He brings his son who is excited about the prospect of playing his older cousin’s PS3 games. While his dad picks out a game he is okay with, I begin removing the starter. Of course, it is in an impossible place that only a contortionist with tiny hands and super-strength can get to, but eventually it’s off, and we are off to the auto parts store. I take the old starter with me because I’ll get a discount with it, and the manager insists on checking it on his bran spanking new “check all parts electrical” machine. It turns out the starter is good. Great. Something else must be wrong with the Jeep. Defeated, dirty and tired, we head back to my place brainstorming what else could be wrong, all of which would be beyond our ability to fix and would dig deep into my wallet, and probably beyond my ability to afford.

While the starter’s still off, we check the flywheel, which looks good, so I set about reinstalling the starter while he calls his wife to tell her he’s going to be much later than expected and to hold off on dinner for now. Just as I’m tightening the last bolt, she shows up with my niece and my parents. They have bags of food with them and they tell me to take a break for dinner. Before I do so, I decide to turn the key over so my dad can hear the dying groan the Jeep makes and get his take on the problem. However, instead of a pitiful moan, she roars like a lion as the engine fires up!! Surprised, I turn her off, and try again in unbelief, but she fires right up again!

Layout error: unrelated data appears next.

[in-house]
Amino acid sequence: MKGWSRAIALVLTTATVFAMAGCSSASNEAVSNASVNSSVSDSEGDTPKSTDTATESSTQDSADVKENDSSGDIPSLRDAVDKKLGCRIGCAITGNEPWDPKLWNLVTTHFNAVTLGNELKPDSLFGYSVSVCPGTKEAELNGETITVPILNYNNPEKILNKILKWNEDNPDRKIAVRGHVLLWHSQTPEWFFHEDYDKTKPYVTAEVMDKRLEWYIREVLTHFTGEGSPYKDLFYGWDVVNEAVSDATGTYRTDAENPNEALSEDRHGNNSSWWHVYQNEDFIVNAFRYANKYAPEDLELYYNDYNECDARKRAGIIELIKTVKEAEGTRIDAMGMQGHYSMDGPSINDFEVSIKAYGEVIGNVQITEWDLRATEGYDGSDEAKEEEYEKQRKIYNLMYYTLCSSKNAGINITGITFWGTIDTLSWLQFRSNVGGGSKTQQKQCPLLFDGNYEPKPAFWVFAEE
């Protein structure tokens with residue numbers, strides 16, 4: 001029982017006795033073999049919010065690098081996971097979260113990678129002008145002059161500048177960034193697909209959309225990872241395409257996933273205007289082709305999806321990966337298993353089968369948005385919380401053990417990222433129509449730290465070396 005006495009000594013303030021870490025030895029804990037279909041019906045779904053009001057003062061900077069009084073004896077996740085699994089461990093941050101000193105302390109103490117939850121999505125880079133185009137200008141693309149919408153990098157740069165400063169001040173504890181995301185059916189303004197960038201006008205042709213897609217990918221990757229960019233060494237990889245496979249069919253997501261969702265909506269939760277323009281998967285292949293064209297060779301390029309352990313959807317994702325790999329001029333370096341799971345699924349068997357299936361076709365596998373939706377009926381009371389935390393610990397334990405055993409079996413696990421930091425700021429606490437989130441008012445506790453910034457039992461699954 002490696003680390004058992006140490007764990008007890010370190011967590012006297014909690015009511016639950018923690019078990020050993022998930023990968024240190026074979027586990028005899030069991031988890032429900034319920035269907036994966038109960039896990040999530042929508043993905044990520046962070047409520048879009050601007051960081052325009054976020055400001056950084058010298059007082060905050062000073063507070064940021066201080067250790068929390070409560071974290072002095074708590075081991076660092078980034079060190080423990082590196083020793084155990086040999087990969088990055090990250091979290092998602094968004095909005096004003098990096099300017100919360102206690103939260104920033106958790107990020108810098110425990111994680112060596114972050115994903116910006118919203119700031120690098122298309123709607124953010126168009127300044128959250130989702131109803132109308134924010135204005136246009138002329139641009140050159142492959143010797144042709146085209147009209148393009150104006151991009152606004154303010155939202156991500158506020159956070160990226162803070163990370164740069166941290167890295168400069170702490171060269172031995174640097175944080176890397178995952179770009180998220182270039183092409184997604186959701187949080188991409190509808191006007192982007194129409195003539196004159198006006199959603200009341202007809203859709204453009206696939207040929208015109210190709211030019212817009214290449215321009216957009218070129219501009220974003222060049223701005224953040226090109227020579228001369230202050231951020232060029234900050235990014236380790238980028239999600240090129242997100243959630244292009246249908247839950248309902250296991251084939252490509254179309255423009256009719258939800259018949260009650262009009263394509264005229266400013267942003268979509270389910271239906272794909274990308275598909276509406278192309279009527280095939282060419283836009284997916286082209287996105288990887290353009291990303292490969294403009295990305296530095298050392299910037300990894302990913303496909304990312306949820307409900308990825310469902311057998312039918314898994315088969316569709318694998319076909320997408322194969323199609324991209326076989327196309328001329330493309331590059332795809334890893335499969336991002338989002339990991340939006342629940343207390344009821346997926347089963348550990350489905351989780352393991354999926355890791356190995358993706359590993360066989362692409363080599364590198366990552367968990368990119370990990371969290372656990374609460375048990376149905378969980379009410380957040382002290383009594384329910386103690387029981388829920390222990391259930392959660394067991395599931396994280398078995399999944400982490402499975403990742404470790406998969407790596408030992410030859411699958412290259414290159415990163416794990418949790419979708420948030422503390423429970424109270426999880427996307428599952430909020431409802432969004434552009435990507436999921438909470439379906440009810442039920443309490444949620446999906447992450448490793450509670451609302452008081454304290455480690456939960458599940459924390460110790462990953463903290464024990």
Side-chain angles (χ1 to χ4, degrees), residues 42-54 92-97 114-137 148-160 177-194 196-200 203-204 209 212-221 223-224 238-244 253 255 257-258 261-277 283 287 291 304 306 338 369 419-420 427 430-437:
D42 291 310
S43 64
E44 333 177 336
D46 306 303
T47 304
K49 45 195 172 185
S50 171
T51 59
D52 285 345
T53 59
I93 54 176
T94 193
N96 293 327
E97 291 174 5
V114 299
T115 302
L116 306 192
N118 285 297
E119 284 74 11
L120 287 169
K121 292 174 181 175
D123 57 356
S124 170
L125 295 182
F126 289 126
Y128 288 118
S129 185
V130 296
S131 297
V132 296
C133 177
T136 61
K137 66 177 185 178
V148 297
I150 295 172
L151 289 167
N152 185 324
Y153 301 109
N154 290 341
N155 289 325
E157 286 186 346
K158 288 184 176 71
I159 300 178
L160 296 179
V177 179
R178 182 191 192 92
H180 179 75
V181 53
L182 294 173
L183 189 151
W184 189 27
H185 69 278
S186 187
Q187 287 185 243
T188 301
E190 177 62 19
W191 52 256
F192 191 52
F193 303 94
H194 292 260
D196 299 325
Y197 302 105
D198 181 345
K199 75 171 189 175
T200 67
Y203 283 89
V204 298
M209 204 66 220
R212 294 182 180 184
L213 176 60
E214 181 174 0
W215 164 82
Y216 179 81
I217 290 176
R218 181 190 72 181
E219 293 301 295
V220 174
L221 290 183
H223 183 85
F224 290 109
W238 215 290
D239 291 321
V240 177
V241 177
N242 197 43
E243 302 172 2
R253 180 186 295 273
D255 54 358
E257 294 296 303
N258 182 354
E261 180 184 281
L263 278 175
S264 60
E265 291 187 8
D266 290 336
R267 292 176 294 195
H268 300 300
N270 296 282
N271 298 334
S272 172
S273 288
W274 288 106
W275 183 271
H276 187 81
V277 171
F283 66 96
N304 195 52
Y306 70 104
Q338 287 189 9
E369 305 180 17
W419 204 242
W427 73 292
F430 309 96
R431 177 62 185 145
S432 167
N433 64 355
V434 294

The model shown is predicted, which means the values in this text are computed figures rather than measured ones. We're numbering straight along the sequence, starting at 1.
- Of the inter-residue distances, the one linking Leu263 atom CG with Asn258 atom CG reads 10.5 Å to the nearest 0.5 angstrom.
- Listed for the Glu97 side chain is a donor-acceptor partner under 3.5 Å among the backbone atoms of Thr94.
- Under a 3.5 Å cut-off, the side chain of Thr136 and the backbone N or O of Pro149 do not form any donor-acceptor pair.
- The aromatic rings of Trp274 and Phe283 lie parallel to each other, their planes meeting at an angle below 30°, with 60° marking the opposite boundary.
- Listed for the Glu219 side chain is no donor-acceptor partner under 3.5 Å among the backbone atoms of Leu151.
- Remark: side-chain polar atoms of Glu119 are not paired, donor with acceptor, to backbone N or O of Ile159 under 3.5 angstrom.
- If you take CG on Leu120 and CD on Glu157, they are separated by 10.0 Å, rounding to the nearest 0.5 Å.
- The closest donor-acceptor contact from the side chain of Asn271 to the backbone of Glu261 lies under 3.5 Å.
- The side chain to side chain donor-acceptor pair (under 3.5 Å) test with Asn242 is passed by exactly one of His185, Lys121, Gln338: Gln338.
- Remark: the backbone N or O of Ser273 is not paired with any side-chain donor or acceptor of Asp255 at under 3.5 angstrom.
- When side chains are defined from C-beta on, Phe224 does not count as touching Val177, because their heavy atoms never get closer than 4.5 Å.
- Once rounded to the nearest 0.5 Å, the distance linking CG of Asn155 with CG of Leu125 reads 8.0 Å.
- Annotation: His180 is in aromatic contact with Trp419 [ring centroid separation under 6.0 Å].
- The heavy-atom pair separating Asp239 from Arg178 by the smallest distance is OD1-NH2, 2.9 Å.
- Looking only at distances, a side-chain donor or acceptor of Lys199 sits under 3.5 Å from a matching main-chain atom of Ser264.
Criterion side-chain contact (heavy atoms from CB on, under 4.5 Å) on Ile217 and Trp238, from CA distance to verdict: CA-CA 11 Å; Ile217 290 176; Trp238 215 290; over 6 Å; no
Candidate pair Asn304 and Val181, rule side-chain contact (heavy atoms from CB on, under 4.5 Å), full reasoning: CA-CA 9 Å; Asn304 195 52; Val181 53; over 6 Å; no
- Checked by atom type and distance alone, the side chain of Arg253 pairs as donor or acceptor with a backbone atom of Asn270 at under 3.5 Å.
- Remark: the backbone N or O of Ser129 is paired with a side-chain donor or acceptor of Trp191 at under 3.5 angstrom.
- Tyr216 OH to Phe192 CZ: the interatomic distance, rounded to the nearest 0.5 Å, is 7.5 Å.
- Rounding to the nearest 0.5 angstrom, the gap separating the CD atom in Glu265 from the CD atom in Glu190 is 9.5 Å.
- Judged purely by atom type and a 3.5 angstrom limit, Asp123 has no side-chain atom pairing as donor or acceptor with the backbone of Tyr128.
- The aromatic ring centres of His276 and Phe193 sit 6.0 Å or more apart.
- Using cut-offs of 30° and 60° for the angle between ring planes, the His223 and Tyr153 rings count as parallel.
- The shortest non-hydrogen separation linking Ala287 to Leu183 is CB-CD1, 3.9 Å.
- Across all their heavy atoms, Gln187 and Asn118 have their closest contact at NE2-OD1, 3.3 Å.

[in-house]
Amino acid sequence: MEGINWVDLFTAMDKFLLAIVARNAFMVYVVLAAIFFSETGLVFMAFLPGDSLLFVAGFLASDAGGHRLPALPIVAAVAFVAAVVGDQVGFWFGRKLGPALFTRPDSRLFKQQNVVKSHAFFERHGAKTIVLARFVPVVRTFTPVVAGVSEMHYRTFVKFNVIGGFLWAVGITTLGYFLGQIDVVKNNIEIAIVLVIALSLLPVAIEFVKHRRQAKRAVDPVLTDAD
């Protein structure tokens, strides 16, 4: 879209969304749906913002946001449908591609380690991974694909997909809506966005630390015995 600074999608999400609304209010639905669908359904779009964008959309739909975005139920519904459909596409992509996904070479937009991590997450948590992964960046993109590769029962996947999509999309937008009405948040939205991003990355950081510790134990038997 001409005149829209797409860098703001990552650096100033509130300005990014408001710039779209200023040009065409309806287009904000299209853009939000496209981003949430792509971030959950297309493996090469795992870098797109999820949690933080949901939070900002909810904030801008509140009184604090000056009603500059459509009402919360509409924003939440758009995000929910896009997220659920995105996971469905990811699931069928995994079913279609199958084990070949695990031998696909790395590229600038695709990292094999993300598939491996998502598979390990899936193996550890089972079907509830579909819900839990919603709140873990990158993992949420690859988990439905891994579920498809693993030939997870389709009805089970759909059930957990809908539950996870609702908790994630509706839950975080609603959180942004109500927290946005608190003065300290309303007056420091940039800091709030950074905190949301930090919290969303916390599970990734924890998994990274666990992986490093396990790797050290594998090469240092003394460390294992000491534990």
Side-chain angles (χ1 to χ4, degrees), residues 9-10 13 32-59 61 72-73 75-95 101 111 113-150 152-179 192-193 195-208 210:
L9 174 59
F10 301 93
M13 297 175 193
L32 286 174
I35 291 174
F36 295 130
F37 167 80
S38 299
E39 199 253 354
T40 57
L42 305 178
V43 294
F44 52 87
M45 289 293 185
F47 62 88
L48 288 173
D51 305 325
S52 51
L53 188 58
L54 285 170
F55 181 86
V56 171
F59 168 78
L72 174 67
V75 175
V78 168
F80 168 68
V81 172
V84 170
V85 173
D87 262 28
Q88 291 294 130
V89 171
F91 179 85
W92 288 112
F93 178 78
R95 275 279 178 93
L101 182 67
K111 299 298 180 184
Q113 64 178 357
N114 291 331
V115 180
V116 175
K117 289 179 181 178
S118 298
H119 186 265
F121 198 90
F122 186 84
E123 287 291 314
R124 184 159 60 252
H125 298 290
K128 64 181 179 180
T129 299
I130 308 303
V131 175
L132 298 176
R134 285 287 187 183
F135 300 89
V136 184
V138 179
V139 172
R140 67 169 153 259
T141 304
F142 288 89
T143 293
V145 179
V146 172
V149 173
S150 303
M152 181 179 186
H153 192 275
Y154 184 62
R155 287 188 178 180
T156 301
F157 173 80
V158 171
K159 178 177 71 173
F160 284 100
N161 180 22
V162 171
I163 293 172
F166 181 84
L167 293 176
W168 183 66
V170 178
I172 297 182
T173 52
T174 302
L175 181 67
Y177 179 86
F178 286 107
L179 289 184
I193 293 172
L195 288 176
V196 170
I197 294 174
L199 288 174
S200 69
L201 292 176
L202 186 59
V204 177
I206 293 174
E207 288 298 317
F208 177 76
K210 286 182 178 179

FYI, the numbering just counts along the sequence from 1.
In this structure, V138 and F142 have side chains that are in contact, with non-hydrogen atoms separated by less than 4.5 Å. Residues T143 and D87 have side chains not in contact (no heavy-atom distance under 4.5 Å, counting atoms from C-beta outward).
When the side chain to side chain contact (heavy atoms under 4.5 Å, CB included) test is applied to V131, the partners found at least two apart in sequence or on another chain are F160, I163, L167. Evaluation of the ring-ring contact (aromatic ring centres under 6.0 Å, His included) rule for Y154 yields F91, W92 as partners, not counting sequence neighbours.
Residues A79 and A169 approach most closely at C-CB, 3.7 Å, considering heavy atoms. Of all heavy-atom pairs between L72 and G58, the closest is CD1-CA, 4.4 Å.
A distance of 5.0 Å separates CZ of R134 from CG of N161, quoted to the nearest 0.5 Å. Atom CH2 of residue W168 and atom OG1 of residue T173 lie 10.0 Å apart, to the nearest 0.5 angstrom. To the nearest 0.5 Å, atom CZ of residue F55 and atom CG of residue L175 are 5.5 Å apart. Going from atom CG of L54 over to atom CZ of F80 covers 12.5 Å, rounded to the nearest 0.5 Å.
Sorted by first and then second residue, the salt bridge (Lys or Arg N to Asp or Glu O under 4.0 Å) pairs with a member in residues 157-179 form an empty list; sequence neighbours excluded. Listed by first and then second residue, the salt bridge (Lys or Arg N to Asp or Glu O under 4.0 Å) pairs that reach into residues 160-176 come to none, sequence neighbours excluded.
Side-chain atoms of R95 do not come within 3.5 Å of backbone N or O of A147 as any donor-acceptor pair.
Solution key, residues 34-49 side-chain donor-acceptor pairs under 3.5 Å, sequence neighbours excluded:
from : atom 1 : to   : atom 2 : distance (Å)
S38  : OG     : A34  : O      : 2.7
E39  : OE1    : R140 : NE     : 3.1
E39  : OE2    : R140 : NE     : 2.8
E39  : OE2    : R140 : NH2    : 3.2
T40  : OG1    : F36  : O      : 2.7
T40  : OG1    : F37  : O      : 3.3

“Let me try,” my dad says as he takes the key and pushes me out of the way. He turns the key over three times, and three times the Jeep starts with no problems. I have not had a problem since. I shower as my family prepares dinner, and we eat and fellowship in joy like it was a holiday. After dinner, I show my dad and brother areas in the house that need attention and work and get their opinion and advice on repairs when I get the hornet sting between the eyes.